# % Error of Linear Approximations: Example Problem

I received the following question on my exam and got it right, although it was entirely a guess and I had absolutely no idea how to approach it. Any help with the logic or steps behind this would be greatly appreciated.

The side length of a square ice cube is claimed to be 1.0 inches, correct to within 0.001 inch. Use linear approximation to estimate the resulting error, measured in squared inches, in the surface area of the ice cube.

± 0.12

± 0.003

± 0.02

None of these

So, just to let you know, the correct answer is None of these. I drew a diagram thinking it would help (it didn't) and was pretty much stuck at that point. I know how Linear Approximation works and sort of understand percentage error. Does it just deal with the fact that (A)-(C) use the "±" sign? We were taught that percentage error is 100 • | (approximate - exact) / (exact) |, so I guess you can never have negatives?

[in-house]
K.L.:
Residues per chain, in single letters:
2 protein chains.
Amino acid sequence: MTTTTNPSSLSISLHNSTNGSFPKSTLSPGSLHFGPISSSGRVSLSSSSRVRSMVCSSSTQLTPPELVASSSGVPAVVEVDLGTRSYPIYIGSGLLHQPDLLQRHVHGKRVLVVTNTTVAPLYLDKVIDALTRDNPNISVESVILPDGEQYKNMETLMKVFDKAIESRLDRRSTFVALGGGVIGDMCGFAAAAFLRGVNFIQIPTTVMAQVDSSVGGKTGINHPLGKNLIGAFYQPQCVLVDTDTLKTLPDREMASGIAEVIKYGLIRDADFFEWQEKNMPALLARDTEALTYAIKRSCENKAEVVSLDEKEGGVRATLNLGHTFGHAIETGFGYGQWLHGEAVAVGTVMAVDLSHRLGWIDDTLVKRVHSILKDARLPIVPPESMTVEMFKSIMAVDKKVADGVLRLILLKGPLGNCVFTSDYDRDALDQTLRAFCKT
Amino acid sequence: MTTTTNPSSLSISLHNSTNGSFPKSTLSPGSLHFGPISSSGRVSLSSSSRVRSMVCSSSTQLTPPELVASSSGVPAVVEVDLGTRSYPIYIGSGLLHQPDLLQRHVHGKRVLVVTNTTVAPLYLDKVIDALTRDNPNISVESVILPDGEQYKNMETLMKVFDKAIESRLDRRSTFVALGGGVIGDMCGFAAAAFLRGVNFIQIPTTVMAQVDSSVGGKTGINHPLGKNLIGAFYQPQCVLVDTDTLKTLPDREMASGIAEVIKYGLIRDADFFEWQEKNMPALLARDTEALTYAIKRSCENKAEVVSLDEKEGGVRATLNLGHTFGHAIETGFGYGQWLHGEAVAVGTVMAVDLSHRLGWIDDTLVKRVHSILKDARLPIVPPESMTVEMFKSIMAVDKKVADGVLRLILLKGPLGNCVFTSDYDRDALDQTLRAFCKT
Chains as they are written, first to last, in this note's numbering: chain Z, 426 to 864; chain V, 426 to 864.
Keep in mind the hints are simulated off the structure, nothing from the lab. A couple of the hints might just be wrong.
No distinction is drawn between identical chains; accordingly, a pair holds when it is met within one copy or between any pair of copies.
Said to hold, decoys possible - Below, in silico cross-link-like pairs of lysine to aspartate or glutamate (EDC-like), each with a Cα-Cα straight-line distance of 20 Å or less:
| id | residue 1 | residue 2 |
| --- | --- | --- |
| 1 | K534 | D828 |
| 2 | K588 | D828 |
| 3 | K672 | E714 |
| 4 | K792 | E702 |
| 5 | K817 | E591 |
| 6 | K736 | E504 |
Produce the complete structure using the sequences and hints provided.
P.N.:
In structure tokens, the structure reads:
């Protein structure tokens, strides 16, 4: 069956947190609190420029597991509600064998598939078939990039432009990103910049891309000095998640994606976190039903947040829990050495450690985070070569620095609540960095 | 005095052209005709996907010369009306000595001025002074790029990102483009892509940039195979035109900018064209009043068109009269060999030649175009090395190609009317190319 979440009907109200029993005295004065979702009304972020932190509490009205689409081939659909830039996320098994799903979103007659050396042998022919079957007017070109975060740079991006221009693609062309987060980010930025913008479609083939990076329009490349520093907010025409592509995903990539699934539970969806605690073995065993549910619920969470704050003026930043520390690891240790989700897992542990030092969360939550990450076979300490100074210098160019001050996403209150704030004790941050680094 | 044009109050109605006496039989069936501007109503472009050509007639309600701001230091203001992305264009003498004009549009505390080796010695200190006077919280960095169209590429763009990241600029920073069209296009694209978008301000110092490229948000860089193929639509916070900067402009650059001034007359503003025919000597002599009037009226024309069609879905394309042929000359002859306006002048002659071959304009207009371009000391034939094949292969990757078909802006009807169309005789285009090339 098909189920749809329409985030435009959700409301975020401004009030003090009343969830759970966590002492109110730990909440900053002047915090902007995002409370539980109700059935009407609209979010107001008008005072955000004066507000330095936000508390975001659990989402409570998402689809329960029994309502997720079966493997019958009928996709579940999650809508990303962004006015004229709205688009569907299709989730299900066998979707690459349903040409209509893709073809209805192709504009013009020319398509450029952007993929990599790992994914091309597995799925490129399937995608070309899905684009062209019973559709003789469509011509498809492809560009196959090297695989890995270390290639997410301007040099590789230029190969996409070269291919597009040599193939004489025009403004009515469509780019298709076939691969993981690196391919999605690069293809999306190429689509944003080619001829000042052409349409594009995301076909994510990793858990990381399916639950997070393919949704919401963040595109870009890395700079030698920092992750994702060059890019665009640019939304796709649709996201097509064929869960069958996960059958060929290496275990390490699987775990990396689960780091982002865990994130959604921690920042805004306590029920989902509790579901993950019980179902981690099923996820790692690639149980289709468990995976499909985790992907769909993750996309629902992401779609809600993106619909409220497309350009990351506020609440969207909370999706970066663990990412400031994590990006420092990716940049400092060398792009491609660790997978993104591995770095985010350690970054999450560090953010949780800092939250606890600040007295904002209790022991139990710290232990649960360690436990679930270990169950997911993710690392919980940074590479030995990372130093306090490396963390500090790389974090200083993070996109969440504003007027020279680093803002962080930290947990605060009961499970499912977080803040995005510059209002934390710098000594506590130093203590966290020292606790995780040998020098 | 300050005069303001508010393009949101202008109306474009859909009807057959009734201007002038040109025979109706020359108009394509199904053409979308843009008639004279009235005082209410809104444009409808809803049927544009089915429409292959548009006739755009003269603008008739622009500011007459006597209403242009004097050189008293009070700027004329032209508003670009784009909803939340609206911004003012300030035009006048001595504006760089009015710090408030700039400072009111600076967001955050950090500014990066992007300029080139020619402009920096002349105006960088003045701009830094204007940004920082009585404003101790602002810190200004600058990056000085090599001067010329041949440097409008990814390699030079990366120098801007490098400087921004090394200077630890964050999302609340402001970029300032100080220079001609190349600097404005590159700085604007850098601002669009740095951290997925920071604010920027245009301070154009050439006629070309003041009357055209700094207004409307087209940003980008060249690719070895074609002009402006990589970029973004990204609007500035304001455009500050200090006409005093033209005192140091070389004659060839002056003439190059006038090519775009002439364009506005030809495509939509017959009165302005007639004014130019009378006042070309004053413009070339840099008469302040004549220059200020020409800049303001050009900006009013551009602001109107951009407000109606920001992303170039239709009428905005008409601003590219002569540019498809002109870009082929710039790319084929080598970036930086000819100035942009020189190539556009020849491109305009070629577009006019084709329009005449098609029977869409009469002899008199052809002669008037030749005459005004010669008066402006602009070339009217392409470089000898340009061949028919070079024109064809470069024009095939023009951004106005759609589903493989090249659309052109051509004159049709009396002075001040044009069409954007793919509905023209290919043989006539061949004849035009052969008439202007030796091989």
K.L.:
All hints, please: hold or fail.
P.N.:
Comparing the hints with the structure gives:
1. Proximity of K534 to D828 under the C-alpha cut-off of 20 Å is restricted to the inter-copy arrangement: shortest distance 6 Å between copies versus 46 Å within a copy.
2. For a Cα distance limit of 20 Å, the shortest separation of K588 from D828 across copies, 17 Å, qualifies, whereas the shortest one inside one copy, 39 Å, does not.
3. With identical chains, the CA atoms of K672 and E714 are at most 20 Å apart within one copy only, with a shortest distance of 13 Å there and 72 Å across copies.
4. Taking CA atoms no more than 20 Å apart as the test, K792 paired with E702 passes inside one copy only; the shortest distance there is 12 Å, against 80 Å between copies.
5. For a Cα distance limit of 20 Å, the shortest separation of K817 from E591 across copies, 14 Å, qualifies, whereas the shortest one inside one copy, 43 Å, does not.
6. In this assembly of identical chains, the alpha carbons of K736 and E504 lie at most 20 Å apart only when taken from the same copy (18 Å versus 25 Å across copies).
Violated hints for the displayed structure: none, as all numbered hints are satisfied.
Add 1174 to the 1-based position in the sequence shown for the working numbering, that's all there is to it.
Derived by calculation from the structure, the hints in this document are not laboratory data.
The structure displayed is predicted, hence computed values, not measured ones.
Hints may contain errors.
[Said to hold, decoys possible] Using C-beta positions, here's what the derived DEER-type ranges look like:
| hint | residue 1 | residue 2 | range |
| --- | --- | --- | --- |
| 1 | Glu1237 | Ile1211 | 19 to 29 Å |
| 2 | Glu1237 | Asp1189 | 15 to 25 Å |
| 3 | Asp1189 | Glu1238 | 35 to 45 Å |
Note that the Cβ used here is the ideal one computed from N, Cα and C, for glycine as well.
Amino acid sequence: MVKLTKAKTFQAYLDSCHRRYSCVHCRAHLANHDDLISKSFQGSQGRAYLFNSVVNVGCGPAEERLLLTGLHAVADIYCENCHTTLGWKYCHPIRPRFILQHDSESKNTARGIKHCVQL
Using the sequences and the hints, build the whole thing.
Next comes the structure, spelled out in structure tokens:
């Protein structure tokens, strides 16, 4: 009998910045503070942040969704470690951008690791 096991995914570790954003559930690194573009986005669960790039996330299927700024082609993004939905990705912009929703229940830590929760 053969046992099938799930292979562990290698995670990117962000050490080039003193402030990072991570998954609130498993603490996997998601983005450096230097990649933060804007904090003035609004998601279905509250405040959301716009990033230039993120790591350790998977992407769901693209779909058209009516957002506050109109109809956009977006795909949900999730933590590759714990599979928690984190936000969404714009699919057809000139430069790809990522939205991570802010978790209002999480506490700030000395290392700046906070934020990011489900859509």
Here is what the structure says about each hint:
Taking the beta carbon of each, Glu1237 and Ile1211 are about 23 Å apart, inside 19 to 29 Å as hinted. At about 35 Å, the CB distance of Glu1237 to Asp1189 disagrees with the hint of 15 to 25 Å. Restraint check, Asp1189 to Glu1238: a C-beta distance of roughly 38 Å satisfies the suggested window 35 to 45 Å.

Is there any algebraic way to solve this problem, though?

For a cube of side length $x$ the surface area is $6x^2$. Linear approximation says $f(x) \approx f(x_0) + f'(x_0)(x-x_0)$ for $x$ close to $x_0$. (This is the most important formula in differential calculus, in my opinion.) So in this case $6x^2 \approx 6x_0^2 + 12x_0(x-x_0)$. So if for instance $x=1.001,x_0=1$, the error in the area is approximately $12 \cdot 0.001=0.012$. If they were asking about percentages then this would be $100 \cdot \frac{0.012}{6} = 0.2\%$ but I do not think they are actually asking about percentages in this context.